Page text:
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I'm hoping someone can give me some insights on the church politics that are central to The Warden and Barchester Towers. I struggled with the various clerical positions and their relationships. Despite various web searches, I haven't run across a thorough and satisfactory explanation of the church hierarchy, down to the lesser beings. For example, why was the power of the bishop so curtailed in BT? (Hey, Mrs. Proudie wanted to know too!) Having been a Catholic as a child (and not in an observant family), I couldn't quite grasp that there doesn't seem to be a clear "chain of command" in the Anglican church. What about the rural dean? Exactly who is in the chapter, and what do they do?
Yes, I have exactly the same questions... I remember having read in The Warden thread funny things about a bishop's apron which almost rhymes with Monty Python's... Is there a Web site where such Anglican church peculiarities are simply described?
Edited PS: The best would be the availability of a Web site similar to www.trollope-apollo.com but more specifically dedicated to the explanation of Anglican church terms in Trollope's work...
It's a long time since I read The Warden and Barchester Towers, but I think I can briefly answer the more general questions:
Anglican pecking order, broadly speaking and ignoring all sorts of complications: archbishop, bishop, dean, archdeacon, rural dean, priest, deacon.
A priest could be rector or vicar of a parish (a rector received tithes directly; a vicar didn't) or a curate, paid to assist the rector or vicar.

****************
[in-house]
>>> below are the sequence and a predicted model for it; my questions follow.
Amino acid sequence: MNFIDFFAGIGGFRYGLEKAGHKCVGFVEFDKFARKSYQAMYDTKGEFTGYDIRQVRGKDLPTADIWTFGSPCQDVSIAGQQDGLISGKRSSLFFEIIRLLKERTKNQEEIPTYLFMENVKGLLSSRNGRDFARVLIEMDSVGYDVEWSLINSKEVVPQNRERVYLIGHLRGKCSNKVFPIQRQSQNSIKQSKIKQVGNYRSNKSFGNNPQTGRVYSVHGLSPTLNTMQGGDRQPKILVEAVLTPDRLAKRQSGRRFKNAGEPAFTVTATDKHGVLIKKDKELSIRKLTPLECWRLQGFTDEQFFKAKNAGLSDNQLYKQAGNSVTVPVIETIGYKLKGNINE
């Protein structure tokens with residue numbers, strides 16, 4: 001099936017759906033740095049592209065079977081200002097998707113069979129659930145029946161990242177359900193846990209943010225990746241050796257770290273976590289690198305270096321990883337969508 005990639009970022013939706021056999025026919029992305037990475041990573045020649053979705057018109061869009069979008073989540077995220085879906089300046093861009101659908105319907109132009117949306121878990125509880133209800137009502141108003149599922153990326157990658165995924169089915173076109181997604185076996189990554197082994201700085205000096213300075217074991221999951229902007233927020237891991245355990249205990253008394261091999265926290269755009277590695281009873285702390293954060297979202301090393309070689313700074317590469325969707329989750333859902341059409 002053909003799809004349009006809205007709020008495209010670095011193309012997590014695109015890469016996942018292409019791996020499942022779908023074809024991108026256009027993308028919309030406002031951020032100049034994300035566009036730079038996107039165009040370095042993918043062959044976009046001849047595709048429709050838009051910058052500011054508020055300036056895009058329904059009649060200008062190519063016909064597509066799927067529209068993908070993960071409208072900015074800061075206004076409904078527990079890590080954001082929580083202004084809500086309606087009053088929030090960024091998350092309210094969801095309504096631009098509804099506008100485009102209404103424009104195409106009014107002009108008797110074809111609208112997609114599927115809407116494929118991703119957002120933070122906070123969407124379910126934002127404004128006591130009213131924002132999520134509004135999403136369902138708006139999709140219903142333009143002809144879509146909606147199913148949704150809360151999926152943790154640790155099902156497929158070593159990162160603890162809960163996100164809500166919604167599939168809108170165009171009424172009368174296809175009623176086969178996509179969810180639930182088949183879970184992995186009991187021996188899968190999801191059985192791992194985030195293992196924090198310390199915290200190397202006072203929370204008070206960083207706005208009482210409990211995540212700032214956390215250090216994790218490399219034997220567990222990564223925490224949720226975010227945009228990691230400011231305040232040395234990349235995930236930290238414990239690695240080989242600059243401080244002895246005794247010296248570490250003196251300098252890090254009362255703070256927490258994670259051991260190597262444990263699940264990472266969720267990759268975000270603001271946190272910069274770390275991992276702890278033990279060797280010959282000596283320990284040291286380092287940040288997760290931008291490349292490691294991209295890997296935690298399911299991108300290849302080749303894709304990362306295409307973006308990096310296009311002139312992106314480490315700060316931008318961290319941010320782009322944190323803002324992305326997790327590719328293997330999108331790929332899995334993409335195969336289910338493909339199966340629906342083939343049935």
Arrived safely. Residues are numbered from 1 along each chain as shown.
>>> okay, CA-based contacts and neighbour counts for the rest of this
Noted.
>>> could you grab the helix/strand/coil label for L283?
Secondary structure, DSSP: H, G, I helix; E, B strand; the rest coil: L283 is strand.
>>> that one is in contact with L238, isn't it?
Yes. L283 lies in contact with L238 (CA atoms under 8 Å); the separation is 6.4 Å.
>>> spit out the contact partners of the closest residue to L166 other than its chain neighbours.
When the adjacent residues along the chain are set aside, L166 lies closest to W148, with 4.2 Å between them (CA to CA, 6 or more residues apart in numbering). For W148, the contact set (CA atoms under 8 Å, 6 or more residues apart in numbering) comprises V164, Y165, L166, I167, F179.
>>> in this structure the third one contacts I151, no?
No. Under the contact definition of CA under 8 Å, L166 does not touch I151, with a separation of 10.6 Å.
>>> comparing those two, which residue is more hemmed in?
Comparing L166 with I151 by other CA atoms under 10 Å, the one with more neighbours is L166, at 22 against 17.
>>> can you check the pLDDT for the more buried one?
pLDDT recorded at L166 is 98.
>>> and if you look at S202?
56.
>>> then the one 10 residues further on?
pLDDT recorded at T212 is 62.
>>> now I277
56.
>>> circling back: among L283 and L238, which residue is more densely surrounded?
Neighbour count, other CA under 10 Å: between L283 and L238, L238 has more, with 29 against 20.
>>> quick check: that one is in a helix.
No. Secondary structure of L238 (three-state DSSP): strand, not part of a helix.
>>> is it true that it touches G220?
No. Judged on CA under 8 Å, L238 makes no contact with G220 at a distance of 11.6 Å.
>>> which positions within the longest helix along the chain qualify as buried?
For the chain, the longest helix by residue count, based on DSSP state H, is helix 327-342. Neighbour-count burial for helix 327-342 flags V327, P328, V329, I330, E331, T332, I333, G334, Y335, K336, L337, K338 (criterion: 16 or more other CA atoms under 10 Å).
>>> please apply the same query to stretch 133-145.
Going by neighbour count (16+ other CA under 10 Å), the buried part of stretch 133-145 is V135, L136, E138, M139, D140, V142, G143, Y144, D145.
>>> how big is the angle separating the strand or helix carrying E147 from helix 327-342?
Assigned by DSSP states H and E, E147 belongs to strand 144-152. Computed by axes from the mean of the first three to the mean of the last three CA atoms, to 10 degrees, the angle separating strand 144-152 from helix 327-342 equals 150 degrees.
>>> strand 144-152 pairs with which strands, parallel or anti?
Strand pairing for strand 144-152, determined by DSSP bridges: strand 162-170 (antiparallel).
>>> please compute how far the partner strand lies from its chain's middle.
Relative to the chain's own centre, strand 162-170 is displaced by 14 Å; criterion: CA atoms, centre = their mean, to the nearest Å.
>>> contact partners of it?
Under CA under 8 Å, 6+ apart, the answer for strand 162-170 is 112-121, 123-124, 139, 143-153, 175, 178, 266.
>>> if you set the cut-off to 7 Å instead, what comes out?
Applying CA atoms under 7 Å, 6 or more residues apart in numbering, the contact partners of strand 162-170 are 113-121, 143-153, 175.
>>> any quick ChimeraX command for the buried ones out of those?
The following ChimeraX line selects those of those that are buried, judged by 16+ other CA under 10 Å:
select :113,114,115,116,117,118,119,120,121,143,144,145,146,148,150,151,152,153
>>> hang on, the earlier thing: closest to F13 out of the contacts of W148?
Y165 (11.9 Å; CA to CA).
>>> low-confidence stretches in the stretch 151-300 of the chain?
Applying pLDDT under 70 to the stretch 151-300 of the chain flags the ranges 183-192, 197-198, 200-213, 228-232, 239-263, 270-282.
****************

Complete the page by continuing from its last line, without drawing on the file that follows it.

Rural deans were reintroduced in 1835, having become effectively extinct in the previous centuries. A rural dean would have certain responibilities for a group of parishes within an archdeaconry.
The chapter is the "management board" of a cathedral, and consists of the dean and canons. Canons are priests who may or may not have a parish elsewhere as well as their duties in the cathedral.
Then I guess the cathedral "chapter" is equivalent to the "vestry" in a parish? I was raised mid-low Episcopalian.
Thanks. Are there several archdeacons per diocese? (From the first chapters of Barchester Towers, I get the impression that there is only one.) What's the chaplain (Dr Slope) doing exactly? Was there no chaplain under the old bishop Grantly?
Also, it seems that the "pecking order" isn't exactly a chain of command, i.e., it seems that the rural dean and the archdeacon both "report in" to the archbishop, rather than the rural dean answering to the archbishop. Is that right, thorold?
Sort-of: as I understand it, in a 19th century parish the vestry consisted of laymen and had a local government role, mainly concerned with administering the Poor Law. The Vicar/Rector was pretty much an absolute ruler as far as Church matters went, although the local landowner could usually put some pressure on him if he chose to. The Chapter would be primarily concerned with running the cathedral itself (building, staff, services, music...).
Not completely sure, but I think there could be more than one archdeaconry in a diocese. A bishop's chaplain is a priest, presumably paid out of the bishop's own pocket, and could be anything from a secretary to a personal spiritual adviser. Slope obviously sees himself mostly as the latter, and sees his chaplaincy as a stepping-stone to higher things. If old Mr Grantly had a chaplain, he would have been too modest and unassuming to be seen.